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Socio-Demographic Structure and Constraints of Smallholder Dairy Farmers in Oyo State, Nigeria

John Olusoji Abiola Sunday Charles Olaogun Rahamon Akinyele Moshood Adedokun Sunday Kelly Onaro
Vol 9(7), 14-23

The contribution of dairy farming to the socio-economic development of Oyo state and Nigeria at large cannot be underestimated; we therefore sought to establish socio-demographic status and constraints of small holder dairy farmers at five milk collection centres built by FC WAMCO in Oyo state, Nigeria. Well structure close ended question-based questionnaires were administered in the study location. Farmer’s demography revealed 63.64% and 36.36% male and female respectively, majority (46.54%) were between 30 and 40yrs. 73.82% do not have formal education, 40.18% reported 10 years of rearing. Major constraints identified were; lack of milking equipment reported by 97.64%, 93.82% reported lack of milk preservation facilities. 97.64% reported high cost of breeder stock. 51.82% were not aware of artificial insemination. Inaccessibility to good water was reported by 98.55%, 93.09% reported cattle rustling, 70% were not aware of any biosecurity measures.

Keywords : Constraints Dairy Farmers Socio-demography Smallholder Oyo state

Livestock production is confronted with a number of constraints, which leads to low productivity and reduced profitability on the long run. Problems associated with reduced livestock productivity and profitability includes; inadequate consumption of protein of animal origin, poverty, unemployment, low contribution to the Nation’s Gross Domestic Product (GDP) among others. Smallholder dairy farming has become popular in most developing countries (Mwenya, 1992; Banda et al., 2000; Ngongoni et al., 2006; Muchenje et al., 2007). Nigeria with estimated population of livestock as follows; 19.5 million cattle, 72.5 million goats, 41.3 million sheep, 7.1 million pigs, 278,840 camels and 145 million chickens, 11.6 million ducks, 2.1 million turkeys, and 974,499 donkeys (National Agricultural Sample Survey, 2011) making the nation the leading livestock producer in West Africa and rank number fourteen in world cattle production ranking by world ranking inventory (FAO, 2015). The smallholder dairy farmers form the bulk of milk producer in Nigeria though the demand is not being met locally which has led the country spending about N75 billion annually on importation of milk and dairy products. The annual demand for dairy products in Nigeria was estimated to be 1.45 billion litres, whereas the local production of milk in Nigeria was estimated to be around 450, 000 tons of milk per annum (FAO, 2010). The dairy industry is yet to be fully developed in Nigeria and in other West African countries. There is a need to develop the industry because of high demand for dairy products due to increasing population and increasing consumer knowledge and awareness about diet and nutrition,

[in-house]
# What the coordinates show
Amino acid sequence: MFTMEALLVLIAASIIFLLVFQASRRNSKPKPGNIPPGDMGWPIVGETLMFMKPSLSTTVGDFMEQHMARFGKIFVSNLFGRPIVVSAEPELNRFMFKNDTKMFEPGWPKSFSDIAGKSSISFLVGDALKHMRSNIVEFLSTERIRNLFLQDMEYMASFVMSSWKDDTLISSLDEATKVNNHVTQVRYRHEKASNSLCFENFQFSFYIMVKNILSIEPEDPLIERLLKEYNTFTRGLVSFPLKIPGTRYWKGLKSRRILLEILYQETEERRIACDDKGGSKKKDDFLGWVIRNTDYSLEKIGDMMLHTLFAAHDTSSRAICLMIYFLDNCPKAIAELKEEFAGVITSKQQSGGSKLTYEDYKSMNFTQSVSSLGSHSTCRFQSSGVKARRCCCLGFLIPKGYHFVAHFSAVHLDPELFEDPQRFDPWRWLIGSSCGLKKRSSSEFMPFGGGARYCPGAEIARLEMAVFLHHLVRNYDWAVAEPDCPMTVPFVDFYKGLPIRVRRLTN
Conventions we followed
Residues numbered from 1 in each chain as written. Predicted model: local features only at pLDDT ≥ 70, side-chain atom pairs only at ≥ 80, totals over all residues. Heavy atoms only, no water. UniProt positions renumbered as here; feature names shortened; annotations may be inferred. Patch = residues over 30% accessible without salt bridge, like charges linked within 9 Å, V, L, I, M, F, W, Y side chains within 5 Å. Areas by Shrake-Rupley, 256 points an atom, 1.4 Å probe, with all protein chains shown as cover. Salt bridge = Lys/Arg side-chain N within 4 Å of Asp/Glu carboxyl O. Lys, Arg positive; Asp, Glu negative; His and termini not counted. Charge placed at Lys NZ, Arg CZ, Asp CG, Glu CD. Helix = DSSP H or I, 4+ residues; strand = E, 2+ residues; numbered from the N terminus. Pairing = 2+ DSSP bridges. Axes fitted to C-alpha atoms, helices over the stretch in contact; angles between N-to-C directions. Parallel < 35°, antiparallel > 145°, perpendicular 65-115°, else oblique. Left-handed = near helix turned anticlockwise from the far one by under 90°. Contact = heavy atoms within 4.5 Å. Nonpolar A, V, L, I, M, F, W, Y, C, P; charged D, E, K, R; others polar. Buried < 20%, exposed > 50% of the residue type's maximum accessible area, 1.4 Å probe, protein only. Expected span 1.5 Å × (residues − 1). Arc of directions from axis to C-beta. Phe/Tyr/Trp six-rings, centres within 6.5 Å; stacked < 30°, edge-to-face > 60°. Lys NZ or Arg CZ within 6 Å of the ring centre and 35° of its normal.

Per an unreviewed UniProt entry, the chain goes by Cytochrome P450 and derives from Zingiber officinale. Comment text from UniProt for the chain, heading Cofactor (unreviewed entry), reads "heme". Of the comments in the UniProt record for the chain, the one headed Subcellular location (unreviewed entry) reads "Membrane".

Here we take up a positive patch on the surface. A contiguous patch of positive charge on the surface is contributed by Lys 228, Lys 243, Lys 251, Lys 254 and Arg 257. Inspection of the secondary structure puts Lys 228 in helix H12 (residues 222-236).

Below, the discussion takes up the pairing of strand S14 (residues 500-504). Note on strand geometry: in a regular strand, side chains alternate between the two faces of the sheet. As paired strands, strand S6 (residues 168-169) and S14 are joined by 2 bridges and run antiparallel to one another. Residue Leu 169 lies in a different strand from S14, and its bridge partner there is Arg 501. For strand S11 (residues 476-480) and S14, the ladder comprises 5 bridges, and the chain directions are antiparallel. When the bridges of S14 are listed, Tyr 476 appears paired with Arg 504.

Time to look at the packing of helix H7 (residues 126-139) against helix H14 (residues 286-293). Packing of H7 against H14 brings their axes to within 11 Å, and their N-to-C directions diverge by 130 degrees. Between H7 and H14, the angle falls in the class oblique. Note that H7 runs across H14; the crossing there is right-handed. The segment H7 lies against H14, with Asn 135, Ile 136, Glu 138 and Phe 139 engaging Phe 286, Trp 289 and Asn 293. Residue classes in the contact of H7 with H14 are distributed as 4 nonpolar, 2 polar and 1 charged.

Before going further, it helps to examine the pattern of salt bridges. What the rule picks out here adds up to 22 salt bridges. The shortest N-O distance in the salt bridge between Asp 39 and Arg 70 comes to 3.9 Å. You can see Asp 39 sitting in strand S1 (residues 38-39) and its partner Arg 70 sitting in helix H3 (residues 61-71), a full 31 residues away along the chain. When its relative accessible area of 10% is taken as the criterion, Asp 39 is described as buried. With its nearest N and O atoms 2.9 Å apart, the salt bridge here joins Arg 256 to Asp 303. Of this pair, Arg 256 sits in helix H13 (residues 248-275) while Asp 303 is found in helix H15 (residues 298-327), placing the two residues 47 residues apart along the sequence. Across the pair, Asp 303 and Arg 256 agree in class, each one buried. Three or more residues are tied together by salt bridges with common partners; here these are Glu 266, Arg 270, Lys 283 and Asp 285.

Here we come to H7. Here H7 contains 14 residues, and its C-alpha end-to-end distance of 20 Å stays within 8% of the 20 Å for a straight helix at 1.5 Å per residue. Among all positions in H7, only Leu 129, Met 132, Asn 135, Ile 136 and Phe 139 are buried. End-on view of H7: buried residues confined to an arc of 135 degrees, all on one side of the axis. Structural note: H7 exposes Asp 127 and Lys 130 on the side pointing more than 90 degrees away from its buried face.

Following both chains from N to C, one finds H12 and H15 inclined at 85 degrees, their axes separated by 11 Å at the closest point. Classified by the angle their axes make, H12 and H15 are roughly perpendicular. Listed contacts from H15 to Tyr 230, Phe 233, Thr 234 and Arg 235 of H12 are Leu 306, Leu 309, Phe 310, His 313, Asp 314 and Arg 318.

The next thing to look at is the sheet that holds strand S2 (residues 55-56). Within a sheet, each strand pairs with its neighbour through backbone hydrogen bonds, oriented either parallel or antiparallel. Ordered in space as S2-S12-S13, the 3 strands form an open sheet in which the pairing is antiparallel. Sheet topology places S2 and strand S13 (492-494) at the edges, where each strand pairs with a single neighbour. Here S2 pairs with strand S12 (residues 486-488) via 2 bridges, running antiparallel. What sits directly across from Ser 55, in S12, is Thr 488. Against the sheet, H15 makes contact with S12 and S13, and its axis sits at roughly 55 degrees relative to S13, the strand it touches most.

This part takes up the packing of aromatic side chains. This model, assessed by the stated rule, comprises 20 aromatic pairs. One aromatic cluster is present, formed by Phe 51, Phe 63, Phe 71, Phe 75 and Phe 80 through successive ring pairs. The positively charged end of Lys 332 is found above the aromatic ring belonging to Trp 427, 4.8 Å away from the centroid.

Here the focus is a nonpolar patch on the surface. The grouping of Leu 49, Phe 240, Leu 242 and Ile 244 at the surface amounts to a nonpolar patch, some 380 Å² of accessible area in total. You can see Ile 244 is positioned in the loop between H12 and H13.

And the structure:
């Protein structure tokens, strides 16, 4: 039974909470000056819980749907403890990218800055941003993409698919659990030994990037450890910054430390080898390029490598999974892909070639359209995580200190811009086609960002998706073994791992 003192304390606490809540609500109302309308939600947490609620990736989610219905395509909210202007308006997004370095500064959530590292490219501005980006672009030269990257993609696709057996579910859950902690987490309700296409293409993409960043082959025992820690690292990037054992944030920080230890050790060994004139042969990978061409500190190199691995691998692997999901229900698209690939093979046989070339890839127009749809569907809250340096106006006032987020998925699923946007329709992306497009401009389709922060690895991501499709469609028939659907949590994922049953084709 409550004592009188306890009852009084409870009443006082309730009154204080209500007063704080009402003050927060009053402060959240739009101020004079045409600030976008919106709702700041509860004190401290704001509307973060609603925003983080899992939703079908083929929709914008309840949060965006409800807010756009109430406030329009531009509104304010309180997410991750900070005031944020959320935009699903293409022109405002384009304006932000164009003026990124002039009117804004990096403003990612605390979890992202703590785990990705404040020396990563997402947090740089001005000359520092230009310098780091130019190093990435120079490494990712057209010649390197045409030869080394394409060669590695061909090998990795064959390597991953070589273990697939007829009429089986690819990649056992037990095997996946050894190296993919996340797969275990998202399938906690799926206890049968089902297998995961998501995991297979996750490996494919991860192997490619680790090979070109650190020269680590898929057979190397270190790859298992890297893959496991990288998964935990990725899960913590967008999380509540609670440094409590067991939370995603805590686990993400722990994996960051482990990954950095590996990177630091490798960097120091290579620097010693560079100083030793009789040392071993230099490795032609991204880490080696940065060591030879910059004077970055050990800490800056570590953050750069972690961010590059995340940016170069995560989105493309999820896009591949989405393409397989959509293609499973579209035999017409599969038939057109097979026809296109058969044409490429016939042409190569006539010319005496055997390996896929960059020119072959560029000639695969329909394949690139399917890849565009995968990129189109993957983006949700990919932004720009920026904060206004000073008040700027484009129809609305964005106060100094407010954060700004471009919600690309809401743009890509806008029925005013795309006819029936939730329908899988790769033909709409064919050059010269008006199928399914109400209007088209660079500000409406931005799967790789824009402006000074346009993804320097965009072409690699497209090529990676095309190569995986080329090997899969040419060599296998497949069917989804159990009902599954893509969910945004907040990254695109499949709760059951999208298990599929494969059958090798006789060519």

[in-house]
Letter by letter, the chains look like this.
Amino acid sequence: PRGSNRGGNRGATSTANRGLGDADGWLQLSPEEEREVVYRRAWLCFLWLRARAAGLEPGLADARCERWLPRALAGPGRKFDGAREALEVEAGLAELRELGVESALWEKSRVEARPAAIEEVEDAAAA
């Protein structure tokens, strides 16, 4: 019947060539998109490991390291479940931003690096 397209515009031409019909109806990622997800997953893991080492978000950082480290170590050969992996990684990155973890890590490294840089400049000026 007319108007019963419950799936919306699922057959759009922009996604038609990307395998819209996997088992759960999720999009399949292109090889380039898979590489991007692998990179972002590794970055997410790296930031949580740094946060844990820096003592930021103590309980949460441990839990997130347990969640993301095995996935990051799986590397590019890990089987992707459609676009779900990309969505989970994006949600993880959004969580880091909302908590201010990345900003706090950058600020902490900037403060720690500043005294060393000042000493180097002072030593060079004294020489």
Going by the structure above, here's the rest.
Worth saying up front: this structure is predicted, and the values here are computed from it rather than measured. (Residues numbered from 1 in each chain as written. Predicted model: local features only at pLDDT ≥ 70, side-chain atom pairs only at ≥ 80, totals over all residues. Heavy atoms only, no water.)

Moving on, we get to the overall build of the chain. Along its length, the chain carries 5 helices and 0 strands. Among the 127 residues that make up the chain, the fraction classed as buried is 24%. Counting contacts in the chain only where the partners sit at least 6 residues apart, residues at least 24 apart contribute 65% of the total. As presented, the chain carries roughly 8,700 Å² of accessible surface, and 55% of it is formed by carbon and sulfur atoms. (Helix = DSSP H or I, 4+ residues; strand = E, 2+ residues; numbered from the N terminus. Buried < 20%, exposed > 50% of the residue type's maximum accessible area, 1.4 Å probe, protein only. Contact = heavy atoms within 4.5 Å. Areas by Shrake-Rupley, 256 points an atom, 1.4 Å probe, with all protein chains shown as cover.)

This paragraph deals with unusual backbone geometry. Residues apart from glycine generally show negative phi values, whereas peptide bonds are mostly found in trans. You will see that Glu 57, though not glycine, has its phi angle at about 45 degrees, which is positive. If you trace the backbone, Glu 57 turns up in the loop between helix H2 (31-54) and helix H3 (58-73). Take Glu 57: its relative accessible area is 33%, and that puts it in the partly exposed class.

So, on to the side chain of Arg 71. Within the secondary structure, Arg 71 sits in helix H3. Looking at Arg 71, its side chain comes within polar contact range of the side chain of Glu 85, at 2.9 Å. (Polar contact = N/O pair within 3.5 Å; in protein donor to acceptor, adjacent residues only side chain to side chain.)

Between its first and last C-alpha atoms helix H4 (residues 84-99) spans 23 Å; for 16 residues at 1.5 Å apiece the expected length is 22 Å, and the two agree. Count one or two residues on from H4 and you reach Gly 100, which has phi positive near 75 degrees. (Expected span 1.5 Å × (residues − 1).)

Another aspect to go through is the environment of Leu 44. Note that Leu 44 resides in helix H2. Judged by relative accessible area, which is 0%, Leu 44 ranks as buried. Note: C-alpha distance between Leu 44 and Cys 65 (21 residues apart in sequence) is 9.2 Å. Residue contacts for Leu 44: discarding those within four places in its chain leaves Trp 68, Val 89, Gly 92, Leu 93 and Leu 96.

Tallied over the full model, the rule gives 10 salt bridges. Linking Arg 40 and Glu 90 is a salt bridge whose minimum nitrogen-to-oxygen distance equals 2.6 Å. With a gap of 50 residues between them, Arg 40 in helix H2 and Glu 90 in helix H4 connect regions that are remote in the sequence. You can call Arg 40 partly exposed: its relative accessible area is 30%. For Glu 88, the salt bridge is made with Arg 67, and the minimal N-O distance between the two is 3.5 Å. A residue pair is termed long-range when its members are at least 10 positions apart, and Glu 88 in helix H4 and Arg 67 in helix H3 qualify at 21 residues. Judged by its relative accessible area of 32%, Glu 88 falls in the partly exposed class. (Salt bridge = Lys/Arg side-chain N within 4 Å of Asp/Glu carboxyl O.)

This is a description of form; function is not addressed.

The dairy sector has emerged as an important source of livelihood for a vast majority of the rural populace. Besides being a source of supplementary income and nutrition, the sector also provides draft power, fuel and organic manure. So many studies on constraints, objectives, prospects and challenges of small holder dairy farmers have been done in Kenya, Uganda and some other Africa countries. However, in Nigeria little is known of the challenges and constraints confronting smallholder dairy farmers especially with the operation of Friesland Campina WAMCO Nigeria in Oyo state. This study highlighted socio demographic structure and challenges encountered by smallholder dairy farmers in Oyo state, Nigeria and recommendations suggested.

Materials and Methods

The study was carried-out at Five Milk collection centres built by FC WAMCO operate in Fasola, Maya, Alaga, Iseyin communities, all in Oyo State, Nigeria. Oyo state covers approximately an area of 28,454 square kilometres.

Structured questionnaires (pre-tested) through interviews were used for data collection. The questionnaires were pre-tested on 60 small holder dairy farmers randomly selected from one of the milk collection centres.